was sinful for me to eat the piece of cake, till I was disgusted, finally said, ĎItís not that important
to me,í tossed it in the trash, and went downstairs with my suitcase to wait for my ride.  That was
the last time I was ever inside one of the fellowships.

After I returned to York, still very upset and angry, I spent a very quiet next couple of weeks -
praying, reading the Bible, but not witnessing in school the way I had for the past three years.  I
didnít call Philly to talk to the sisters twice a week; I decided that if they really cared about me,
they would notice I hadnít called and call me.  They never did - and that, combined with
everything else, the non-support in Ohio, at the Big Meeting, the whole given-in-marriage thing,
helped me see that I did not belong in the COBU, although the way I saw it at the time, was that
Jesus had rejected me.  So I rejected Him back.

After all, we had drummed into us that we belonged to the only true church, we were the only
ones who really followed the Bible, that everyone else who called themselves Christians were
copping out in one way or another.  Therefore, if you rejected the COBU, you had rejected Jesus,
end of argument.

I spent the next couple of years Ďbeing wickedí, though looking back at it now, it really wasnít
very extreme.  I did some partying, cut some school (though I still graduated), took a few lovers.
In February Ď79 I moved to California where I helped my sister with her day care business for
several weeks (sheíd broken her collarbone falling off a horse).  I then got a job while I tried to
figure out what to do with the rest of my life.  I knew I should go to college, but by not
continuing to college directly from high school, my dad wasnít willing to support me.  Besides, I
didnít know what I wanted to DO.

I worked in a hardware store for a while, had more boyfriends, did more partying, and got my
own apartment.  When I was not yet nineteen, I met a really nice guy, who glommed on me like a
leech, moving into my place, the whole nine yards.  Nice, but boring, and not particularly bright,
so I was trying to ease him out of my life, while making the mistake of still continuing to see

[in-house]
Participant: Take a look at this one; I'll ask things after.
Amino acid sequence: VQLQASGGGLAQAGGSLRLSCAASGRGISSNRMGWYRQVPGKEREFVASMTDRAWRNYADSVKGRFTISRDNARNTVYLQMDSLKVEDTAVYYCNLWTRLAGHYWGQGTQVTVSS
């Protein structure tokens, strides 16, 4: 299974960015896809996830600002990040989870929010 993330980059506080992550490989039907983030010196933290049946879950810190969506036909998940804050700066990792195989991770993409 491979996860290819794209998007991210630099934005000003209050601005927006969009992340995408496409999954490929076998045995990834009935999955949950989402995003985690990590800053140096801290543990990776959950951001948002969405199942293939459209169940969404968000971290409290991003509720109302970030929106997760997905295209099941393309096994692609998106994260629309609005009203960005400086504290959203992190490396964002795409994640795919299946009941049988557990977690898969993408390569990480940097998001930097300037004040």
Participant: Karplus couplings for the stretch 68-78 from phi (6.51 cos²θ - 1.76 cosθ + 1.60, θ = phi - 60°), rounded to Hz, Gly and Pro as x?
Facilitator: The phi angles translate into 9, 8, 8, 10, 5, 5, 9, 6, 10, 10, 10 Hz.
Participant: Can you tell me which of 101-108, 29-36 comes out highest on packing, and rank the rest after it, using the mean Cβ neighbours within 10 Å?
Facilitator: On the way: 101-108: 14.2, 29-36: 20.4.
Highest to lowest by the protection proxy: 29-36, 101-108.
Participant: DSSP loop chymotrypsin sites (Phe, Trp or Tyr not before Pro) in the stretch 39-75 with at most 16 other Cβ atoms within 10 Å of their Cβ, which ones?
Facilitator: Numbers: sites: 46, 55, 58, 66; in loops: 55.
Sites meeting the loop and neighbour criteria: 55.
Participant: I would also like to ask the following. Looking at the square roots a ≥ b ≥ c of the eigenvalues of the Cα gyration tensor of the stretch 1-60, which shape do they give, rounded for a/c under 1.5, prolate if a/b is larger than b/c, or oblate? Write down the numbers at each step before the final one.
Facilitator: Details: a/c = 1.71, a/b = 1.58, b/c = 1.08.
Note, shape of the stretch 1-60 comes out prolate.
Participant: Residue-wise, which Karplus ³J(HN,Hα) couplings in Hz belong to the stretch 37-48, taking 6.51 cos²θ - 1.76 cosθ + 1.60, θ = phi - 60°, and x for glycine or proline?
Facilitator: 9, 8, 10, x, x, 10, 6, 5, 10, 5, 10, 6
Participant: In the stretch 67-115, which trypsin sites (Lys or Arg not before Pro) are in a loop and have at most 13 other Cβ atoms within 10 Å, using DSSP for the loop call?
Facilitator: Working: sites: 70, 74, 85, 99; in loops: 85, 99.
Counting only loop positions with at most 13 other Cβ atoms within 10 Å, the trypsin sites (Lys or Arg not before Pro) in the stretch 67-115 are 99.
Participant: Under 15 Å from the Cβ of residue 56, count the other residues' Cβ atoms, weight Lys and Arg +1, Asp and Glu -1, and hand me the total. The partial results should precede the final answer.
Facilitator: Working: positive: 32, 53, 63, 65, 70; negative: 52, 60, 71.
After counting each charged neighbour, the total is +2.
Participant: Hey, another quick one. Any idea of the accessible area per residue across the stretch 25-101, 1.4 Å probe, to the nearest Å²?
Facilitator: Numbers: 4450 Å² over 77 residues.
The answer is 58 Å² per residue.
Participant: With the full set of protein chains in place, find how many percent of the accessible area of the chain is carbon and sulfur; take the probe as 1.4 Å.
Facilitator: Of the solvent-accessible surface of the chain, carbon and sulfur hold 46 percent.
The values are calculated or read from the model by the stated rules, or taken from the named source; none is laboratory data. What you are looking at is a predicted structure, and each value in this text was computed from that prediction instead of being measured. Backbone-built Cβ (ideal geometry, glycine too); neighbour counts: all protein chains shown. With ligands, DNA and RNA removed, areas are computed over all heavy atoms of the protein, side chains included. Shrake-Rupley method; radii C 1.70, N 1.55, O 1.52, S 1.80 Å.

him, when I found myself pregnant.  I decided to try, one more time, to try to make things work
with him, though I refused to marry him while I was pregnant or otherwise Ďunder the influenceí
of hormones.  My son was born in May Ď82.

I love being a mother, and Iím a very, very good one.  My sonís father and I stayed together less
than two years after his birth - I tried, really hard, but I could not MAKE myself love him, and I
wouldnít marry someone I didnít love.  Weíre now on speaking, if not on great terms.  Heís
married now with four more kids, but moved to Oregon a couple of years ago.  This is a big bone
of contention between us, since my son misses his father and brothers very much.

I did family day care in my home for the first six years of my sonís life, and I loved it, I would
love to have or adopt a whole house full of kids, but right now, it doesnít look like thatís going to
happen.  I then went into accounting, taking some college courses at night for a few years,
though I donít have a degree, and am now working as bookkeeper/controller at a private club.  I
also do the books for my brother-in-lawís business and for another friendís business on the side,
and have a notary public license, AND I am currently seeking an agent for my novel.  And in my
spare time (ha ha), Iím involved with the booster clubs at the high school for both baseball and
basketball, go to a lot of games, etc.

When it comes to men and marriage, Iíd rather lease than own (if any of you are indignantly
bristling at that, itís a joke, lighten up!)  Seriously, I look around at all the couples I see
(Christian or not) and the way their marriages work (at least on the outside), and very few of
those relationships look appealing.  I find some of my attitudes from the fellowship linger; I
believe in marrying once, for life; and Iíd rather be single all my life than be trapped in a loveless
marriage.  I have higher criteria for a potential mate than male, has a good job, and walks upright
most of the time.  So, okay, Iím choosy, but luckily, I enjoy shopping!

If you are interested in my spiritual journeyings and current beliefs (which are non-Christian),
please look for Part 6.  Otherwise - my story is over (for now!)  Thank you for being a part of my